Troopers staying alert over holiday

Published 12:00 am Thursday, July 4, 2002

As with any holiday weekend, Alabama State Troopers are expecting to busy during the Fourth of July holiday weekend.

Troopers will be stepping up their presence on the state's highways in hopes of keeping the number of accidents, and possible fatalities, down.

As of Thursday morning, Sgt. Marty Griffin said he had not received any information about statewide fatalities as of yet,

but said there had not been any fatalities in an area which covers Covington, Crenshaw, Conecuh, Butler, Escambia and Monroe counties.

Griffin said it has been projected that 19 people will die on Alabama roadways during a period which covers from 6 a.m. on Wednesday to midnight on Sunday.

He said troopers are participating in an operation which promotes increase awareness and safety on Alabama's roads.

Griffin said various problems are usually encountered with Alabama drivers during holiday weekends such as the Fourth of July.

"We encounter a lot of problems with reckless drivers, and many other factors such as people driving under the influence and speeding.

According to the National Safety Council, an estimated 198 people nationwide died last year during the Independence Day holiday.

And while the council anticipates more deaths this Fourth of July holiday period, it also estimates that 487 people involved in serious motor vehicle crashes will survive this Independence Day because of seat belts.

The National Safety council recommends that motorists make sure that everyone is properly buckled for every single trip over the Fourth of July holiday weekend, and the council also urges motorists to:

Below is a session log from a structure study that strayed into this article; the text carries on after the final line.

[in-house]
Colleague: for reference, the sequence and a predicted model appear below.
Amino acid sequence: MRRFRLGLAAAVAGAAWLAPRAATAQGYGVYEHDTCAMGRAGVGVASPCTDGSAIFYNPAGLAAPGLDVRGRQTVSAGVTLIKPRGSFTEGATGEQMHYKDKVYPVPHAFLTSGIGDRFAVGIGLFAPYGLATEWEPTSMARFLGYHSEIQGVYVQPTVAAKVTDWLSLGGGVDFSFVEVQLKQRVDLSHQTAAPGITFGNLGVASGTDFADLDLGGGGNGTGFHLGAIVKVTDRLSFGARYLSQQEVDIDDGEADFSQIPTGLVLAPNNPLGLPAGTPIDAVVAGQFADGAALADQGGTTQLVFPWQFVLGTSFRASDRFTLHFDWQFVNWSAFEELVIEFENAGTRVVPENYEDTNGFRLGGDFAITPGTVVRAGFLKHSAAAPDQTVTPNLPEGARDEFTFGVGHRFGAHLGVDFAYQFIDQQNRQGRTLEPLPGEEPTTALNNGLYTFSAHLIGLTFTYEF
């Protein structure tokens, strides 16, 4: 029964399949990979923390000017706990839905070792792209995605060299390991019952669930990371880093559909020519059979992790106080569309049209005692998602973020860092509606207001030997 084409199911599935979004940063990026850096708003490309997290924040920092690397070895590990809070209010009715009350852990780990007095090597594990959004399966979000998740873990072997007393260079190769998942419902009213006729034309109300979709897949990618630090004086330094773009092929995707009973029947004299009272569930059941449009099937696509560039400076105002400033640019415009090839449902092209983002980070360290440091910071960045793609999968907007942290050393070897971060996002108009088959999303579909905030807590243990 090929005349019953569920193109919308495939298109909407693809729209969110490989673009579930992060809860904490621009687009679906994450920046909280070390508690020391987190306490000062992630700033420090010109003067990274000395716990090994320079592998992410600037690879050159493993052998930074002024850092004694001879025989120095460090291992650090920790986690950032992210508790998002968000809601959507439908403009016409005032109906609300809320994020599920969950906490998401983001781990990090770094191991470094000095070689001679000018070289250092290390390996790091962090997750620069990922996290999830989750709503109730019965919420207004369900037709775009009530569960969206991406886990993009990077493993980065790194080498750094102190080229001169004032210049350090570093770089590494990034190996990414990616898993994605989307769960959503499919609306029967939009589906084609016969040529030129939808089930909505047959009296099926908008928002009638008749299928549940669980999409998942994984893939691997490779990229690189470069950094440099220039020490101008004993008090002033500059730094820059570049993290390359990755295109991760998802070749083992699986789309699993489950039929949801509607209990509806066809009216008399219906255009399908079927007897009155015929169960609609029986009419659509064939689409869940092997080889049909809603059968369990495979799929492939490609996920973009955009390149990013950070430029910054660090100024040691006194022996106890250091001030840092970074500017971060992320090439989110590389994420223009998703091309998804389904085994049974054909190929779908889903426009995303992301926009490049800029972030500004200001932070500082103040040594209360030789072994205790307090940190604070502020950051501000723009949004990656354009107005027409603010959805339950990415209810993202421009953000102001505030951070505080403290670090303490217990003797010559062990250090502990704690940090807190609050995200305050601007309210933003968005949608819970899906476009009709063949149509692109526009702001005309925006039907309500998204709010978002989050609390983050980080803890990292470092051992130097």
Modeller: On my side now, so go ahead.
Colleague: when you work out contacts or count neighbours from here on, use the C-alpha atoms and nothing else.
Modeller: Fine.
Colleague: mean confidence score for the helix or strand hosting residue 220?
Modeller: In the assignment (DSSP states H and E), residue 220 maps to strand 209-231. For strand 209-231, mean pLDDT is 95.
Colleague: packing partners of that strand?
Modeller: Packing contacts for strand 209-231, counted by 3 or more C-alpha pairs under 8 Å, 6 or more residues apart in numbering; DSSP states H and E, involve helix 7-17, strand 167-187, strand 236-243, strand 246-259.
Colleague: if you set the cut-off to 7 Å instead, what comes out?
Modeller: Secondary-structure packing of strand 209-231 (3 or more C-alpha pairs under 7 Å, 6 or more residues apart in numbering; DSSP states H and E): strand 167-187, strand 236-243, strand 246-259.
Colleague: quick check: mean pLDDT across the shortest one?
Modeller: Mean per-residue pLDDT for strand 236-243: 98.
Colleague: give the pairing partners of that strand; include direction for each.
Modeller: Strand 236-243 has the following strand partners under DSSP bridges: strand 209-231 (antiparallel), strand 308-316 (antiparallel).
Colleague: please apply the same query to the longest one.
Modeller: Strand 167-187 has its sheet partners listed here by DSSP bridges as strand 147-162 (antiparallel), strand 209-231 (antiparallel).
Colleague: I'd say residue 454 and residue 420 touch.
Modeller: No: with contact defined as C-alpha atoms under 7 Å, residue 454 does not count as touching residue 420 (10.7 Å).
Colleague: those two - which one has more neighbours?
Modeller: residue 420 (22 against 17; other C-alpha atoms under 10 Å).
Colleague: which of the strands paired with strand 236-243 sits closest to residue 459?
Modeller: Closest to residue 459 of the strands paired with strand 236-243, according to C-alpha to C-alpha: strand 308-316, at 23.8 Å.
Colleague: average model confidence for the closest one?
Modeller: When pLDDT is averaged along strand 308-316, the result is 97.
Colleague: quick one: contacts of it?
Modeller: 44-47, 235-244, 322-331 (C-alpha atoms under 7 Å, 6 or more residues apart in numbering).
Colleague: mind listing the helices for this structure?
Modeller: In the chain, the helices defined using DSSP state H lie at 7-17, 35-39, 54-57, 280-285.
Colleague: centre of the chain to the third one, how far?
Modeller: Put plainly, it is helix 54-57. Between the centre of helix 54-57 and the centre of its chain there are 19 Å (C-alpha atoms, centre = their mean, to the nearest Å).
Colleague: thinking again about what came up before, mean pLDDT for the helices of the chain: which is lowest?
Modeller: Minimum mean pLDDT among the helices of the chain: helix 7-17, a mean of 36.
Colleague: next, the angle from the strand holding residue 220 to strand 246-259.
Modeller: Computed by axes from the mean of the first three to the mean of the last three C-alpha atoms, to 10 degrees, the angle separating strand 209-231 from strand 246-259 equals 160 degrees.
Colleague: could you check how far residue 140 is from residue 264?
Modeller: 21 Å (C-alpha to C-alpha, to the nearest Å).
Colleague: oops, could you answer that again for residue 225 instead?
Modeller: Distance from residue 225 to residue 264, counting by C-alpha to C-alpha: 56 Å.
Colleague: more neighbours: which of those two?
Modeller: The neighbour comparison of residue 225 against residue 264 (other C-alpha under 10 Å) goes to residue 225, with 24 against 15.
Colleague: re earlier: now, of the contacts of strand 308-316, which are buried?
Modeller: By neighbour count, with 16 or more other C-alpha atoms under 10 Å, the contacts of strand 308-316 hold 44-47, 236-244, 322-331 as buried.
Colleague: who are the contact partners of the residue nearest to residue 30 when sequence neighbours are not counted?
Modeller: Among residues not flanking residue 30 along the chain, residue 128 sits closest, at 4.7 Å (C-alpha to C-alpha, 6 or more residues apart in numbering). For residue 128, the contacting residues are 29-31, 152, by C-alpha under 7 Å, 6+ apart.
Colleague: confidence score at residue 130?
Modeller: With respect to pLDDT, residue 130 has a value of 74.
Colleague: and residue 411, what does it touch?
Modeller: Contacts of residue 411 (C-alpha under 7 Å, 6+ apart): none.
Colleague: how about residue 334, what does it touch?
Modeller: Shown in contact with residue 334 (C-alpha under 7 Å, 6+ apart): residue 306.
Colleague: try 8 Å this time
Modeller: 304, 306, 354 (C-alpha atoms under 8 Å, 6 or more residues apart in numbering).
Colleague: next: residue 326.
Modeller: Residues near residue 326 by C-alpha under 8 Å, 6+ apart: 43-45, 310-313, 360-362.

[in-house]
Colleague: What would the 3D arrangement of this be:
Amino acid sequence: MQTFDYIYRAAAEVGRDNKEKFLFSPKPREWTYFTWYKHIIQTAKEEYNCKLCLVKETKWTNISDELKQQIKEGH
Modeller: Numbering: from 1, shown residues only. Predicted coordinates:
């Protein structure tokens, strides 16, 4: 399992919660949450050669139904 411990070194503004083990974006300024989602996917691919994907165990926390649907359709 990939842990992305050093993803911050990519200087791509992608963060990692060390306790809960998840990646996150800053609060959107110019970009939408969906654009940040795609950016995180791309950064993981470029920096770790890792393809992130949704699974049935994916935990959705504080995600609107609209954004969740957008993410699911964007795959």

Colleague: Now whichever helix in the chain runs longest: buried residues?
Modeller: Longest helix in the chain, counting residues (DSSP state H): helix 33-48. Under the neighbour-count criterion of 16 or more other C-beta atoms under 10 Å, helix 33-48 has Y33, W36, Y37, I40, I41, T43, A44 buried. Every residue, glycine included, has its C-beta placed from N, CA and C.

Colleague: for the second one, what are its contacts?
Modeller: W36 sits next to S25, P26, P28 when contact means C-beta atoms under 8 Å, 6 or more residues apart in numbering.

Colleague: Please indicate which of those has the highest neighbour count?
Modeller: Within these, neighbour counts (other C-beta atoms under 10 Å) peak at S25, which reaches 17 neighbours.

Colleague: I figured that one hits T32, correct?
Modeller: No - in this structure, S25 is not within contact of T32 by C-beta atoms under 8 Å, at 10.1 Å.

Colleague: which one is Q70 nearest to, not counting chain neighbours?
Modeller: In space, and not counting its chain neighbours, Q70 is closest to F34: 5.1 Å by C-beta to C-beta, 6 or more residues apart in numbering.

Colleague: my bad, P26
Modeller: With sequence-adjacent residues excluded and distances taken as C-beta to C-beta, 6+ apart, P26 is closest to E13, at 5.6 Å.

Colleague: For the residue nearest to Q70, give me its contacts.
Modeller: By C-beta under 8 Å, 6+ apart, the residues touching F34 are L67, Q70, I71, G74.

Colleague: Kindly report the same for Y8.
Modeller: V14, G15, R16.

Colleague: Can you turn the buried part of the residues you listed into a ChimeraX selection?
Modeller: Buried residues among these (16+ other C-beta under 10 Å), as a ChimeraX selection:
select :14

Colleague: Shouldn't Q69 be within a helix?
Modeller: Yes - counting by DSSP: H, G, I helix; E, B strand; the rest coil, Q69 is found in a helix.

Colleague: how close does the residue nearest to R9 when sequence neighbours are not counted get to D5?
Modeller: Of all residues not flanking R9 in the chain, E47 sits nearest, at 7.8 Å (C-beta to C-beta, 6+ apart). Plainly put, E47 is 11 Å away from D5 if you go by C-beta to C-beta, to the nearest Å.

Make sure children are properly fastened

in belts or child safety seats in the backseat every time they ride in a car. Six out of ten children killed in crashes are not restrained. Children age 12 and under should always ride in the backseat, especially in vehicles with air bags.

Don't drink and drive. Nearly 40 percent of all fatal vehicle crashes involve alcohol. If you know you will be drinking alcohol, use a designated driver or public transportation.

Allow enough travel time for frequent breaks on longer trips. Drowsy drivers are an increasing problem in our fast-paced society. Remember drowsiness can reduce reaction time almost as much as drinking.

The Safe Party Guide urges hosts to be responsible by offering a variety of non-alcoholic beverages for designated drivers, never serving alcohol to those under the legal drinking age of 21, asking guests to appoint a designated driver before the evening begins, not letting guests mix their own drinks and never allowing guests who have had too much to drink to drive home.